The folic acid antagonist methotrexate, given in an intermittent low dose (7.5 to 30 mg once weekly), is currently a frequently utilized DMARD. Most rheumatologists recommend use of methotrexate as the initial DMARD, especially in individuals with evidence of aggressive RA. Recent trials have documented the efficacy of methotrexate and have indicated that its onset of action is more rapid than other DMARDs, and patients tend to remain on therapy with methotrexate longer than they remain on other DMARDs because of better clinical responses and less toxicity. Long-term trials have indicated that methotrexate does not induce remission but rather suppresses symptoms while it is being administered. Maximal improvement is observed after 6 months of therapy, with little additional improvement thereafter. Major toxicity includes gastrointestinal upset, oral ulceration, and liver function abnormalities that appear to be dose-related and reversible and hepatic fibrosis that can be quite insidious, requiring liver biopsy for detection in its early stages. Drug-induced pneumonitis has also been reported. Liver biopsy is recommended for individuals with persistent or repetitive liver function abnormalities. Concurrent administration of folic acid or folinic acid may diminish the frequency of some side effects without diminishing effectiveness.
Systemic glucocorticoid therapy can provide effective symptomatic therapy in patients with RA. Low-dose (<7.5 mg/d) prednisone has been advocated as useful additive therapy to control symptoms. Moreover, recent evidence suggests that low-dose glucocorticoid therapy may retard the progression of bone erosions. Monthly pulses with high-dose glucocorticoids may be useful in some patients and may hasten the response when therapy with a DMARD is initiated.
TNF- neutralizing agents
Recently, biologic agents that bind and neutralize TNF- have become available. One of these is a TNF- type II receptor fused to IgG1 (etanercept), and the second is a chimeric mouse/human monoclonal antibody to TNF- (infliximab). Clinical trials have shown that parenteral administration of either TNF- neutralizing agent is remarkably effective at controlling signs and symptoms of RA in patients who have failed DMARD therapy. Repetitive therapy with these agents is effective with or without concomitant methotrexate. Although these agents are notably effective in persistently controlling signs and symptoms of RA in a majority of patients, their impact on the progression of bone erosions has not been proven. Side effects include the potential for an increased risk of serious infections and the development of anti-DNA antibodies, but with no associated evidence of signs and symptoms of systemic lupus erythematosus. Although these side effects are uncommon, their occurrence mandates that TNF- neutralizing therapy be supervised by physicians with experience in their use.
The immunosuppressive drugs azathioprine, leflunomide, cyclosporine, and cyclophosphamide have been shown to be effective in the treatment of RA and to exert therapeutic effects similar to those of the DMARDs. However, these agents appear to be no more effective than the DMARDs. Moreover, they cause a variety of toxic side effects, and cyclophosphamide appears to predispose the patient to the development of malignant neoplasms. Therefore, these drugs have been reserved for patients who have clearly failed therapy with DMARDs. On occasion, extraarticular disease such as rheumatoid vasculitis may require cytotoxic immunosuppressive therapy.
Surgery plays a role in the management of patients with severely damaged joints. Although arthroplasties and total joint replacements can be done on a number of joints, the most successful procedures are carried out on hips, knees, and shoulders. Realistic goals of these procedures are relief of pain and reduction of disability. Reconstructive hand surgery may lead to cosmetic improvement and some functional benefit. Open or arthroscopic synovectomy may be useful in some patients with persistent monarthritis, especially of the knee. Although synovectomy may offer short-term relief of symptoms, it does not appear to retard bone destruction or alter the natural history of the disease. In addition, early tenosynovectomy of the wrist may prevent tendon rupture.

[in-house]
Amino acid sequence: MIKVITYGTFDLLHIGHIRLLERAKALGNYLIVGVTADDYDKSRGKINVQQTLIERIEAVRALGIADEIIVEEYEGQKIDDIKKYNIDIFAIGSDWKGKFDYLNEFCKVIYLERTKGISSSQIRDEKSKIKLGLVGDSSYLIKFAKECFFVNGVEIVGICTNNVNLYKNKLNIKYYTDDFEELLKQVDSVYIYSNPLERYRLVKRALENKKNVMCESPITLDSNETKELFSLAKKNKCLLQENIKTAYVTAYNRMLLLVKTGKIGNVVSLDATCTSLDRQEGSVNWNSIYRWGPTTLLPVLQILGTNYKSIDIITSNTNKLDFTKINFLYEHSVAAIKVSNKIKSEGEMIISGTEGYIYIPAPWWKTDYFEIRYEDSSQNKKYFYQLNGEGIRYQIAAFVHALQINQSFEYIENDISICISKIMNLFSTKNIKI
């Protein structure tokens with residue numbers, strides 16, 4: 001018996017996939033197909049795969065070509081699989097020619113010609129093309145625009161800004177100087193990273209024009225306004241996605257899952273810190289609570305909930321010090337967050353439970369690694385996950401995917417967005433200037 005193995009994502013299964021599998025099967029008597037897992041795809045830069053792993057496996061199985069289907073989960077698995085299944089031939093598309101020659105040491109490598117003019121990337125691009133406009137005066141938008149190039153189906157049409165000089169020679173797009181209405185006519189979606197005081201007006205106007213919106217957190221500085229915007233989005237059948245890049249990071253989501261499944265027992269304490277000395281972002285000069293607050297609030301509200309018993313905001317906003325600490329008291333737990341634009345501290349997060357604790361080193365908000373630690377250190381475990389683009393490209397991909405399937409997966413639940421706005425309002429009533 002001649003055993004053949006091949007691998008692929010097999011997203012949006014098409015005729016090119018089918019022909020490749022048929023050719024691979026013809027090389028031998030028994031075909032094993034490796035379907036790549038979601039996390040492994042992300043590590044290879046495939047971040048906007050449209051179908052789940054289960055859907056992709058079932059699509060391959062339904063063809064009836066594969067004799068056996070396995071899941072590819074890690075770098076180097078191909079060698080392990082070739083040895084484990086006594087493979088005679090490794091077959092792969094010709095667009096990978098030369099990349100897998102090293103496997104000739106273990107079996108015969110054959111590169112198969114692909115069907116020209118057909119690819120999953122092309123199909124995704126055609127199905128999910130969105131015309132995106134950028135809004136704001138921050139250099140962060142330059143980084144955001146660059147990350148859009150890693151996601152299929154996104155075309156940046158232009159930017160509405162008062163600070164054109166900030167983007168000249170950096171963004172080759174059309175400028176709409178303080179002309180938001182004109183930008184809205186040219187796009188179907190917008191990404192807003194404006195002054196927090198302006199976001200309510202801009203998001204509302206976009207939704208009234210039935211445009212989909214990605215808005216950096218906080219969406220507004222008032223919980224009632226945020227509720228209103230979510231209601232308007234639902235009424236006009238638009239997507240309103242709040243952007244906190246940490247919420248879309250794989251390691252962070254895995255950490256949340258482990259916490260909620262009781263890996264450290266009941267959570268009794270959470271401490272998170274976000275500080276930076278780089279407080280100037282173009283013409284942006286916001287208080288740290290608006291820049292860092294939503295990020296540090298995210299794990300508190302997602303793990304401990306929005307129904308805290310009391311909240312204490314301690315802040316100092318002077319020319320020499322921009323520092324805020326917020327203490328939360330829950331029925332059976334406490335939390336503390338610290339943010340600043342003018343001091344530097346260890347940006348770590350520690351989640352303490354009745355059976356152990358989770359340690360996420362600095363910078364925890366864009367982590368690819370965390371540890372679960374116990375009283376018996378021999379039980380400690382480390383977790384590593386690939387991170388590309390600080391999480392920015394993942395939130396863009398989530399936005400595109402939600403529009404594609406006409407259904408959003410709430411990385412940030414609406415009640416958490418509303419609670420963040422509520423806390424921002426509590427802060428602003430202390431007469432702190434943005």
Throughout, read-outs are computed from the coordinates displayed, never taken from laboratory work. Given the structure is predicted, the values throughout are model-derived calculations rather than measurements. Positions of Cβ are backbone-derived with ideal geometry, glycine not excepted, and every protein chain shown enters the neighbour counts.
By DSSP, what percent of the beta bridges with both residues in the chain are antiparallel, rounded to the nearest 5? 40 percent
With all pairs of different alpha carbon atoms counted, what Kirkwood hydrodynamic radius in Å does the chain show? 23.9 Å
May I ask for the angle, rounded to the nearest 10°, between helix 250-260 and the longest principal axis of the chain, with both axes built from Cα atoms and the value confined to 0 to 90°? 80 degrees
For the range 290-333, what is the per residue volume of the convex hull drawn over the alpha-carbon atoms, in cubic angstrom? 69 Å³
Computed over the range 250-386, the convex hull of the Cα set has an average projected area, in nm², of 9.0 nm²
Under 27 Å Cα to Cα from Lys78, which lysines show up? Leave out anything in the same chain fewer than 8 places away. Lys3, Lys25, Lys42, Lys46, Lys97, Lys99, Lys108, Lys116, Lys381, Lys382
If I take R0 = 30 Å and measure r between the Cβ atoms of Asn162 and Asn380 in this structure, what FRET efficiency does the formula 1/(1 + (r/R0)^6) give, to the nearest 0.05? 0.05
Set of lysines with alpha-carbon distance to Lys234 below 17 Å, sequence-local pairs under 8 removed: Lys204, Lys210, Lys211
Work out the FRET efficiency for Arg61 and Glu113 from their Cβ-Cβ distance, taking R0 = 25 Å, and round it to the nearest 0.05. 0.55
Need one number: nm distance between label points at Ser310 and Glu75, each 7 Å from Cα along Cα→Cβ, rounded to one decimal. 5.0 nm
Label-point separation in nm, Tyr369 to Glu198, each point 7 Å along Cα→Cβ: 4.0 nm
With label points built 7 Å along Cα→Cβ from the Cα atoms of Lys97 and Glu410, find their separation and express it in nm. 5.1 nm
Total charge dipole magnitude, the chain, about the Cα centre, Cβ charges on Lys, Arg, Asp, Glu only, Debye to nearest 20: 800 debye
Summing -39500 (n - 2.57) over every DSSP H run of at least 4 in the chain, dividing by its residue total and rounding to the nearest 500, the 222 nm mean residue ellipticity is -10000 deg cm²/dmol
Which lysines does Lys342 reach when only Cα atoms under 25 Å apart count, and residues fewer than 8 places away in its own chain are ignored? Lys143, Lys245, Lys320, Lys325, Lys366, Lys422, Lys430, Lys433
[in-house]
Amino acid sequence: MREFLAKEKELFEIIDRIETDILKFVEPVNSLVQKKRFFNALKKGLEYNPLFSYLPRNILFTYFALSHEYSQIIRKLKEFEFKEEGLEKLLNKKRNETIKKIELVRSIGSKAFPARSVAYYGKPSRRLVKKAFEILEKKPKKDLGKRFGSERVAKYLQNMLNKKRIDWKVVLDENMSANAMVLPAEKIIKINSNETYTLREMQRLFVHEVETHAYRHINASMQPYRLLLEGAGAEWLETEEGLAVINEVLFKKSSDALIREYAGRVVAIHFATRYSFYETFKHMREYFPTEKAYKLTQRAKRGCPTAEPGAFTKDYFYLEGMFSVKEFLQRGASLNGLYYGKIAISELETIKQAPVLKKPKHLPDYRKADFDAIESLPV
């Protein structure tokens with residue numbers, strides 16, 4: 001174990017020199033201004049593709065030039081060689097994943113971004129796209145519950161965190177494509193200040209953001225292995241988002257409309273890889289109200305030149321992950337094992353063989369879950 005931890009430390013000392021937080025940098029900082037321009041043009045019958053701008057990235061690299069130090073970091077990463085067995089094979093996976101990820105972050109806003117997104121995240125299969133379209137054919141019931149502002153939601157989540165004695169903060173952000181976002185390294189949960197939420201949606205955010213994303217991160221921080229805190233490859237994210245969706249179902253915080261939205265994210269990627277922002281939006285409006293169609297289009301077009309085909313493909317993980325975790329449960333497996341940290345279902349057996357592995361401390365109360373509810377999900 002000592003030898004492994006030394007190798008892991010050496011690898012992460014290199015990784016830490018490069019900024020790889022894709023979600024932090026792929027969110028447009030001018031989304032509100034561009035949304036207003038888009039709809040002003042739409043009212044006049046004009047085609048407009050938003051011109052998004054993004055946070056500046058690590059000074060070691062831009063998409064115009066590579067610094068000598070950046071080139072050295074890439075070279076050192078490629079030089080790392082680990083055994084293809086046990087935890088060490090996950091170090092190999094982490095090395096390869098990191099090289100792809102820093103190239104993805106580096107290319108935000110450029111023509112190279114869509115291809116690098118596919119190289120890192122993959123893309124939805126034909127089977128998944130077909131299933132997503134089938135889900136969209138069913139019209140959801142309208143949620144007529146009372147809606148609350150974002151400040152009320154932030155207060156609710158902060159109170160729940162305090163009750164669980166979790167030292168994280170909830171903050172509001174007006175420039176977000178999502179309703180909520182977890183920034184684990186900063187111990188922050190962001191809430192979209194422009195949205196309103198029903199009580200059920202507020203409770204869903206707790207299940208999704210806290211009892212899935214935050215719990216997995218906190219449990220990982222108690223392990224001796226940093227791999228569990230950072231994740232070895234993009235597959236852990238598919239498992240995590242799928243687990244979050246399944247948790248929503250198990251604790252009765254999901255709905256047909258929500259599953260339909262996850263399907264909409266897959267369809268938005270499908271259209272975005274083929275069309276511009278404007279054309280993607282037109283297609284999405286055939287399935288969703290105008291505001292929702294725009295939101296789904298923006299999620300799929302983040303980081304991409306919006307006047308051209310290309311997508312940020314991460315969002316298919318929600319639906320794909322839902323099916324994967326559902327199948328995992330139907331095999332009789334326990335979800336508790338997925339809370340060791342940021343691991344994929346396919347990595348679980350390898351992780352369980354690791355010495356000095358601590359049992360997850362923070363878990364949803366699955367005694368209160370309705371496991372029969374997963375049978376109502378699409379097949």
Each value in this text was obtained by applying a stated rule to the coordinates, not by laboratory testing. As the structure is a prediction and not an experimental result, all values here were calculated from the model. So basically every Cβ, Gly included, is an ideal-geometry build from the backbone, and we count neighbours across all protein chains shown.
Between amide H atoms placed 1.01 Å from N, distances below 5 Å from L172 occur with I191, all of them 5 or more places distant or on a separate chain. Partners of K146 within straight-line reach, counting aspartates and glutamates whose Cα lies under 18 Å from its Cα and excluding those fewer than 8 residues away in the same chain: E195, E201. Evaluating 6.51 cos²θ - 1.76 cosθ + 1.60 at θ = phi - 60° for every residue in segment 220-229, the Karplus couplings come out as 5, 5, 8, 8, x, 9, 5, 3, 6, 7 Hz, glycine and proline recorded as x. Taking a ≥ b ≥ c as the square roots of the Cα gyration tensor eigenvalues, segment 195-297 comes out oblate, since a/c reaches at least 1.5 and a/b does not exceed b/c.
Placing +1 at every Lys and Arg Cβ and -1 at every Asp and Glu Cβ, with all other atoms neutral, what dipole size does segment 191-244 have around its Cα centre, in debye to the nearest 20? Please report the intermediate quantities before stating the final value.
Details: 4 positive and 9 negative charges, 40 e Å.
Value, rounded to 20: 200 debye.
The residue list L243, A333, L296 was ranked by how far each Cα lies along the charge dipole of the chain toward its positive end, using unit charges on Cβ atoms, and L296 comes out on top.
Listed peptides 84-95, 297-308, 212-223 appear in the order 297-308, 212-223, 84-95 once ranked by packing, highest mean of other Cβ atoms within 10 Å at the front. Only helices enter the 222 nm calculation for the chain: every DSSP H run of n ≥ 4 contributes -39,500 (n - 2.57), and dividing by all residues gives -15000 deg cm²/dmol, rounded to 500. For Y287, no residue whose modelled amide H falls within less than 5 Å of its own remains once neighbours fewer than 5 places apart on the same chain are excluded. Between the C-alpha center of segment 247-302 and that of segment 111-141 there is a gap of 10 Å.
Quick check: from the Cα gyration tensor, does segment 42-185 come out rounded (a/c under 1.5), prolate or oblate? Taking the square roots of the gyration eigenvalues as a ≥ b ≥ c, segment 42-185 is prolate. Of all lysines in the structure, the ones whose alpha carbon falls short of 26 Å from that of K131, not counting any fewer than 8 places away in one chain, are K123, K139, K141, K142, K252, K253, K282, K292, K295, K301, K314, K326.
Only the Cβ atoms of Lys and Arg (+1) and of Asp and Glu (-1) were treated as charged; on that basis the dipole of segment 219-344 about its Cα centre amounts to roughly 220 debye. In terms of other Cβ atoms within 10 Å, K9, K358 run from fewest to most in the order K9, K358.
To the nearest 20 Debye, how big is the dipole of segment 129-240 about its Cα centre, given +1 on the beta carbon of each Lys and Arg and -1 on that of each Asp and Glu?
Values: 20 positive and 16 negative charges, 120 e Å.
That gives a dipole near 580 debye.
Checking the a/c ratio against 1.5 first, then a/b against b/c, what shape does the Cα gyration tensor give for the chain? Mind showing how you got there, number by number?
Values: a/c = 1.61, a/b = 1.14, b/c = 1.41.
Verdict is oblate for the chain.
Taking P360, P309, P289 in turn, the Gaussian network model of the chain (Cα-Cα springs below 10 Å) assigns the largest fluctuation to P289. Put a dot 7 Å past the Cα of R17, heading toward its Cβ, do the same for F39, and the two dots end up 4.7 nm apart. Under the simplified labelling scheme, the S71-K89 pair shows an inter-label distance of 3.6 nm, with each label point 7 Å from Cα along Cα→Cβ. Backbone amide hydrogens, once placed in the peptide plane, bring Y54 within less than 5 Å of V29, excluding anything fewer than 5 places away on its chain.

Approach to the Patient
An approach to the medical management of patients with RA is depicted in Fig. 312-3. The principles underlying care of these patients reflect the variability of the disease, the frequent persistent nature of the inflammation and its potential to cause disability, the relationship between sustained inflammation and bone erosions, and the need to reevaluate the patient frequently for symptomatic response to therapy, progression of disability and joint damage, and side effects of treatment. At the onset of disease it is difficult to predict the natural history of an individual patient's illness. Therefore, the usual approach is to attempt to alleviate the patient's symptoms with NSAIDs or CSIs. Some patients may have mild disease that requires no additional therapy.
At some time during most patients' course, the possibility of initiating DMARD therapy and/or low-dose oral glucocorticoids is entertained. With aggressive disease this might occur sooner, often within 1 to 3 months of diagnosis, whereas in patients with more indolent disease, smoldering activity may not require such therapy for many years. The development of bone erosions or radiographic evidence of cartilage loss is clear-cut evidence of the destructive potential of the inflammatory process and indicates the need for DMARD therapy. The other indications as outlined above, including persistent pain, joint swelling, or functional impairment, are much more subjective, however. As persistent inflammation, involvement of multiple joints, elevated levels of acute-phase reactants, and rheumatoid factor titers correlate with the development of disability and/or bony erosions, some have advocated the use of these prognostic indicators of aggressive disease in the decision to employ DMARDs early in the course of RA. The decision to begin use of a DMARD and/or low-dose oral glucocorticoids requires experience and clinical judgment as well as the ability to assess joint swelling and functional activity and the patient's pain tolerance and expectation of therapy accurately. In this setting, the fully informed patient must play an active role in the decision to begin DMARD and/or low-dose oral glucocorticoid therapy, after careful review of the therapeutic and toxic potential of the various drugs.
If a patient responds to a DMARD, therapy is continued with careful monitoring to avoid toxicity. All DMARDs provide a suppressive effect and therefore require prolonged administration. Even with successful therapy, local injection of glucocorticoids may be necessary to diminish inflammation that may persist in a limited number of joints. In addition, NSAIDs or CSIs may be necessary to mitigate symptoms. Even after inflammation has totally resolved, symptoms from loss of cartilage and supervening degenerative joint disease or altered joint function may require additional treatment. Surgery may also be necessary to relieve pain or diminish the functional impairment secondary to alterations in joint function. Recently an alternative approach to treat patients with RA has been suggested. This involves the initiation of therapy with multiple agents early in the course of disease in an attempt to control inflammation, followed by maintenance on one or more agents as necessary to control disease activity. The effectiveness of this therapeutic alternative has not been proved.